Skip to Content

Don’t Expect Candy Bars to Reverse ‘Shrinkflation’

February 4, 2016

142550460142550460
It's not going to get any bigger.Photograph by Glow Cuisine — Getty Images/Glow RM

Candy bars have shrunk and economic growth in Asia has slowed, meaning people are eating less chocolate and its key ingredient cocoa, which has seen its price fall this year after defying commodities trends to soar in 2015.

High prices for ingredients last year—including nuts and milk as well as cocoa—helped make chocolate a less affordable treat for consumers in emerging markets such as China and India. Chocoholics in North America and Europe, meanwhile, opted for quality at the expense of quantity.

Market research firm Nielsen has estimated there was a 3.7% year-on-year decline in global chocolate confectionery demand in the September-November period.

With food retailers pressing manufacturers to minimize price rises, one response was “shrinkflation.” Some companies put smaller bars in the pack but kept the price unchanged.

“It used to be you had ‘fun sizes’ and now it’s bite sizes,” said Judith Ganes-Chase, soft commodities expert and president of New York-based J Ganes Consulting. “Fun size” bars in North America are two or three bites big.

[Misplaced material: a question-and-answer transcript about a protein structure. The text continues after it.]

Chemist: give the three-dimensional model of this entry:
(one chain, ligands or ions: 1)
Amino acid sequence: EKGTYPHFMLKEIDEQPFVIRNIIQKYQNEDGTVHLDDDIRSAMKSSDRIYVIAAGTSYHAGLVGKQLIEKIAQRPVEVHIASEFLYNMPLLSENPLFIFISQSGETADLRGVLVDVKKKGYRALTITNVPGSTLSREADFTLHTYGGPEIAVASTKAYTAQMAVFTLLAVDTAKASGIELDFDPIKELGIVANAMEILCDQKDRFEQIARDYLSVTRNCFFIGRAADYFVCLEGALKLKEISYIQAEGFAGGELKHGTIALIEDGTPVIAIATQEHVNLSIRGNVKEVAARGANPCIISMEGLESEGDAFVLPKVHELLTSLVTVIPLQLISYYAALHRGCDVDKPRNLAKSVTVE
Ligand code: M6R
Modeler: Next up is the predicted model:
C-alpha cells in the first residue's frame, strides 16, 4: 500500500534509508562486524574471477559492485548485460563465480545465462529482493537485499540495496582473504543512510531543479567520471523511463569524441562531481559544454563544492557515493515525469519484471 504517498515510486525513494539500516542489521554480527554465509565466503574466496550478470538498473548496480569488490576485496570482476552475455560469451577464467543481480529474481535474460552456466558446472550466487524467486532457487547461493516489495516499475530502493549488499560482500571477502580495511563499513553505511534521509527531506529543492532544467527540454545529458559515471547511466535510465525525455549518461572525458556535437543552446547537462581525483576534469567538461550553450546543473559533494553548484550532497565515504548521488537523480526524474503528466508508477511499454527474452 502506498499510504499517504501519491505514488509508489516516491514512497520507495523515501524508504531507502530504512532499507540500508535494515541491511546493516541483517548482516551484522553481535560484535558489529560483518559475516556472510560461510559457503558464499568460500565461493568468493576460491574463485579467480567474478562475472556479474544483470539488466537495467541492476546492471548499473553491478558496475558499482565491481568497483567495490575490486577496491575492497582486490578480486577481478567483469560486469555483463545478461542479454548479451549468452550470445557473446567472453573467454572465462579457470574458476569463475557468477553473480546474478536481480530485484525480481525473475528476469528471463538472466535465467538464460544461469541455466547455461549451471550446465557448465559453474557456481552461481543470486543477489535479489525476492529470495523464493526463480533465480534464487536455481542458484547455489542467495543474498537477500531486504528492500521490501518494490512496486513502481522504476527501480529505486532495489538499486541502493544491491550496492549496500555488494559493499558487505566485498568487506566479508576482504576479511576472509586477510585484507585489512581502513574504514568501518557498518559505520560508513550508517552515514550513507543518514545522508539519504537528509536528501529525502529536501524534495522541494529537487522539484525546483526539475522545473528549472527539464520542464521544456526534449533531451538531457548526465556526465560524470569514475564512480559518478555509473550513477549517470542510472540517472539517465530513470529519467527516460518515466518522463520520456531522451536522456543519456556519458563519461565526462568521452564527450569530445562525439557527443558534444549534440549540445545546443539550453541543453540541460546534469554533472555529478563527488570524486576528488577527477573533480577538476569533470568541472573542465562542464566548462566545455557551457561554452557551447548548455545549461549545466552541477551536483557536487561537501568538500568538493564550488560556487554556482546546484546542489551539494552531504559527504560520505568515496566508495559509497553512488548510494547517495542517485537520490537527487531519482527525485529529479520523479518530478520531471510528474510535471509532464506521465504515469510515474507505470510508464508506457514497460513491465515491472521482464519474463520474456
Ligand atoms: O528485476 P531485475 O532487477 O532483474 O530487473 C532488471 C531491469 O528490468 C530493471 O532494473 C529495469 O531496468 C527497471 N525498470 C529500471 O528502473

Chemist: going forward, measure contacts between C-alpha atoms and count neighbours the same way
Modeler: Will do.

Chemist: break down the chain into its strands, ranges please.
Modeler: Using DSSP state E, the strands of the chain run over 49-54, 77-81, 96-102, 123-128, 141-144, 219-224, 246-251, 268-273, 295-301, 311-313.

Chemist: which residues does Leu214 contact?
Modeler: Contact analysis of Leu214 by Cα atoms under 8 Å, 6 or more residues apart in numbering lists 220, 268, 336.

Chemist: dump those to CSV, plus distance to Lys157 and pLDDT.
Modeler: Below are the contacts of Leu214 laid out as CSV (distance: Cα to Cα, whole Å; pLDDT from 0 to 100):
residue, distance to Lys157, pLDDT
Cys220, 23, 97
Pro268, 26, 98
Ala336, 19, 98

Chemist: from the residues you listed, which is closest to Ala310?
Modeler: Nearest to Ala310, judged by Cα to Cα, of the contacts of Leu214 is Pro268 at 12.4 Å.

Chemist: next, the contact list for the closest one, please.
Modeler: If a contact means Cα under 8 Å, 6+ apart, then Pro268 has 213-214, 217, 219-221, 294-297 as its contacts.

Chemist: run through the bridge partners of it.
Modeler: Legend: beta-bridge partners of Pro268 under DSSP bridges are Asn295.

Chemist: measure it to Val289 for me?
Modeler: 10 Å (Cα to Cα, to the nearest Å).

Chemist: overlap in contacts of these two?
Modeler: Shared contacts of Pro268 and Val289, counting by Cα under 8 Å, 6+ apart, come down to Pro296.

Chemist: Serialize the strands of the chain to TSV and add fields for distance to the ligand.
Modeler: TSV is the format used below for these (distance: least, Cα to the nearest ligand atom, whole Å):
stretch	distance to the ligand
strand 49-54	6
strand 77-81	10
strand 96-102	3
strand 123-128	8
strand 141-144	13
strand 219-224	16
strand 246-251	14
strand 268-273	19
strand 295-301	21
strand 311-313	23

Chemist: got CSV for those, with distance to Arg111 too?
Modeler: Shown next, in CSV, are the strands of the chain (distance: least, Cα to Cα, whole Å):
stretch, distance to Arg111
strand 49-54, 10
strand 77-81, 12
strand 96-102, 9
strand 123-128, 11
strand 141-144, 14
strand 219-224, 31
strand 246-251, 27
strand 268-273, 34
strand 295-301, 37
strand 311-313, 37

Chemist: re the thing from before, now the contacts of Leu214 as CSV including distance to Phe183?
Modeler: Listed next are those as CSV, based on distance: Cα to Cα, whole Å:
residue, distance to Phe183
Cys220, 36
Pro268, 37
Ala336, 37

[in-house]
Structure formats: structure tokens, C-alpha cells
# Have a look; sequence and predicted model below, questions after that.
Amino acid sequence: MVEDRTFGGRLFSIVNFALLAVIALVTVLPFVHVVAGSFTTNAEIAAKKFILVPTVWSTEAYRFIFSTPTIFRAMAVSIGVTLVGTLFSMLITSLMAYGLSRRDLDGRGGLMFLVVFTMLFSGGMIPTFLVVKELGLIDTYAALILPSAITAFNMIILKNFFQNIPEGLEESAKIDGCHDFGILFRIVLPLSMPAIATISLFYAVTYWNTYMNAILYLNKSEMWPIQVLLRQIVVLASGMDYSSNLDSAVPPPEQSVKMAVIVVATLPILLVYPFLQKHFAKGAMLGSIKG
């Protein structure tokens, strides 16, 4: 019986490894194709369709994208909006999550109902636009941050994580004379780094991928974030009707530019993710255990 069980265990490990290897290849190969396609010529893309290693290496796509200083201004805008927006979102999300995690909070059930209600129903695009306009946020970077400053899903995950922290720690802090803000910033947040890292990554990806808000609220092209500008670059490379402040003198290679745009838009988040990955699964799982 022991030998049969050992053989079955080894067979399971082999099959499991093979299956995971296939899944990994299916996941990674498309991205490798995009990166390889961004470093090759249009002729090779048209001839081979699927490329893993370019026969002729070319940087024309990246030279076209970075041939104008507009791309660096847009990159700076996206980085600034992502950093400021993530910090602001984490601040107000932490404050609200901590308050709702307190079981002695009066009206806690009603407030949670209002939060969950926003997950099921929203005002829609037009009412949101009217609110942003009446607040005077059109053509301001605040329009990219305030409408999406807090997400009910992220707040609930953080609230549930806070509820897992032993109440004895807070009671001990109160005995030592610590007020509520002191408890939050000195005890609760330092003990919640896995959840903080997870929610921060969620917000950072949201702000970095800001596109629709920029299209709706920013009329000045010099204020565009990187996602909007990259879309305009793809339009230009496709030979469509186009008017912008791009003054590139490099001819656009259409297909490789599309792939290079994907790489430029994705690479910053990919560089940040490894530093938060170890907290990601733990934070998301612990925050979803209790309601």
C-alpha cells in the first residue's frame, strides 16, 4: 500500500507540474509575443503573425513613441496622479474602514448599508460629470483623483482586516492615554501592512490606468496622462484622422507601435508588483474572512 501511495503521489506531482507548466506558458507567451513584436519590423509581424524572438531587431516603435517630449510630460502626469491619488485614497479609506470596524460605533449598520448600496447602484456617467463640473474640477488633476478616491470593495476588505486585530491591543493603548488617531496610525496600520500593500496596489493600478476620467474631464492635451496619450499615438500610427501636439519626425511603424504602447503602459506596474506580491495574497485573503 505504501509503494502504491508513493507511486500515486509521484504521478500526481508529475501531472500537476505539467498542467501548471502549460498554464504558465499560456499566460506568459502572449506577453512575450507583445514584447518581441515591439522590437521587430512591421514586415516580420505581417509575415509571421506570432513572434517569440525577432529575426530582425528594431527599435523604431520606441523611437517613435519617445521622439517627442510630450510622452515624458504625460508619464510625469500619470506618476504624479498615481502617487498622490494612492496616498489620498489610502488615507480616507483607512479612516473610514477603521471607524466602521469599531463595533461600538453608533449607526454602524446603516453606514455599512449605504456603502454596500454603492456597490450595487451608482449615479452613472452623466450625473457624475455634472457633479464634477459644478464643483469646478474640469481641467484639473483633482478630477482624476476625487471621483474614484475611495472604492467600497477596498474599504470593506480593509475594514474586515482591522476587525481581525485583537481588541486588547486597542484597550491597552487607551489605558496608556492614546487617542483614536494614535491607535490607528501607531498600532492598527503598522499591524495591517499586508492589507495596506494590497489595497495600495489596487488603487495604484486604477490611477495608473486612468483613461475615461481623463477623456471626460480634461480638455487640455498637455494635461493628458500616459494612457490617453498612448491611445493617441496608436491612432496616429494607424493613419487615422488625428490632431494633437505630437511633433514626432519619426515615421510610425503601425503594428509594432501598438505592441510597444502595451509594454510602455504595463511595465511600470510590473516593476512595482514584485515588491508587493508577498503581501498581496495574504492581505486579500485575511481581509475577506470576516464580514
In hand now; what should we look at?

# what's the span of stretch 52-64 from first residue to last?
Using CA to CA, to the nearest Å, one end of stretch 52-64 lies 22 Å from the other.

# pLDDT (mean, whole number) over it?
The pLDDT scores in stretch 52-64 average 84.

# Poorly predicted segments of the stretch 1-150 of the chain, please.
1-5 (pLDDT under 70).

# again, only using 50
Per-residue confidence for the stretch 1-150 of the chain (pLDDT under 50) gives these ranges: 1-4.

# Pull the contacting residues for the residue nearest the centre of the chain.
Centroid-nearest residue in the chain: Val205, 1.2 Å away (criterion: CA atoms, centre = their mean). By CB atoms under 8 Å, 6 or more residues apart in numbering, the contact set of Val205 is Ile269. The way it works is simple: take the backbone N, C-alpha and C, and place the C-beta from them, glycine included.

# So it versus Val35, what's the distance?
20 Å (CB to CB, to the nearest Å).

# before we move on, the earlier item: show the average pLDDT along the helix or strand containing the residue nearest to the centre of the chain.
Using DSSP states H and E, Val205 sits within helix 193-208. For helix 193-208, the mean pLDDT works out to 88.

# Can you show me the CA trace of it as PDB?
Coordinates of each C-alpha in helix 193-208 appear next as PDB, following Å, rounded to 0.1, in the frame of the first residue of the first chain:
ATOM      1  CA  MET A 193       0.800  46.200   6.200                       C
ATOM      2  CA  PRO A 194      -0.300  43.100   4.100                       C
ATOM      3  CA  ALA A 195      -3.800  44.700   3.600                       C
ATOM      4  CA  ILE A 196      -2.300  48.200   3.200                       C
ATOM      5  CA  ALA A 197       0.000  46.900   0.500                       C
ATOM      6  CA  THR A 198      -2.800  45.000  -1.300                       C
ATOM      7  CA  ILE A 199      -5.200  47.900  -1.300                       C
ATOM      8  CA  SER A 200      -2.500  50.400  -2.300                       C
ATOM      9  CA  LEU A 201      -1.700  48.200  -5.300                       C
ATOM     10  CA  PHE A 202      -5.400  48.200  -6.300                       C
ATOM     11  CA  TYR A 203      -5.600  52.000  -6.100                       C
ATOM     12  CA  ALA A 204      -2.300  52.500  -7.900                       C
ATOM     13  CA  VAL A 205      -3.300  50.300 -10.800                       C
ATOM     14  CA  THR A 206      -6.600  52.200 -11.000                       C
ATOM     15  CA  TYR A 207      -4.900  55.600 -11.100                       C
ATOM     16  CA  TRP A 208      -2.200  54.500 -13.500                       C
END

A much lower-than-expected crop in Ghana, the world’s second largest producer, helped push global cocoa prices up by more than 10% last year. The early weeks of 2016 have already seen prices fall back again by as much as 15%, as production in Ghana rebounded and some investment funds reduced their holdings in commodities such as cocoa.

But those hoping for chunkier bars or cheaper chocolate are likely to be disappointed, with manufacturers likely to pocket most of whatever they save on ingredients.

Euromonitor analyst Jack Skelly said most chocolate makers are focussed on cutting costs at the moment, noting that cocoa prices are still much higher than a few years ago.

“Profit margins are at the forefront for companies at the moment due to global market slowdown,” he said.

 

Consumers in more affluent countries have developed a taste for premium chocolate, with the extra cost partially offset by less frequent purchases.

Premium chocolate maker Lindt & Spruengli reported sales growth of more than 7% in 2015, while mass-market rivals such as U.S.-based Hershey Company (HSY) have struggled.

The maker of Hershey Kisses and Reese’s Peanut Butter Cups reported a bigger-than-expected 5% drop in quarterly net sales last week, noting weak demand in China and North America.

“We believe the macroeconomic environment and competitive activity in the international markets where we operate will continue to be a headwind for the chocolate category and Hershey in 2016,” John P. Bilbrey, president and CEO of Hershey said during a conference call.

Euromonitor analyst Skelly said price rises has stunted demand growth in Asia.

“In emerging markets like China and India I think affordability is a real issue which means chocolate isn’t growing as quickly as it could,” he said.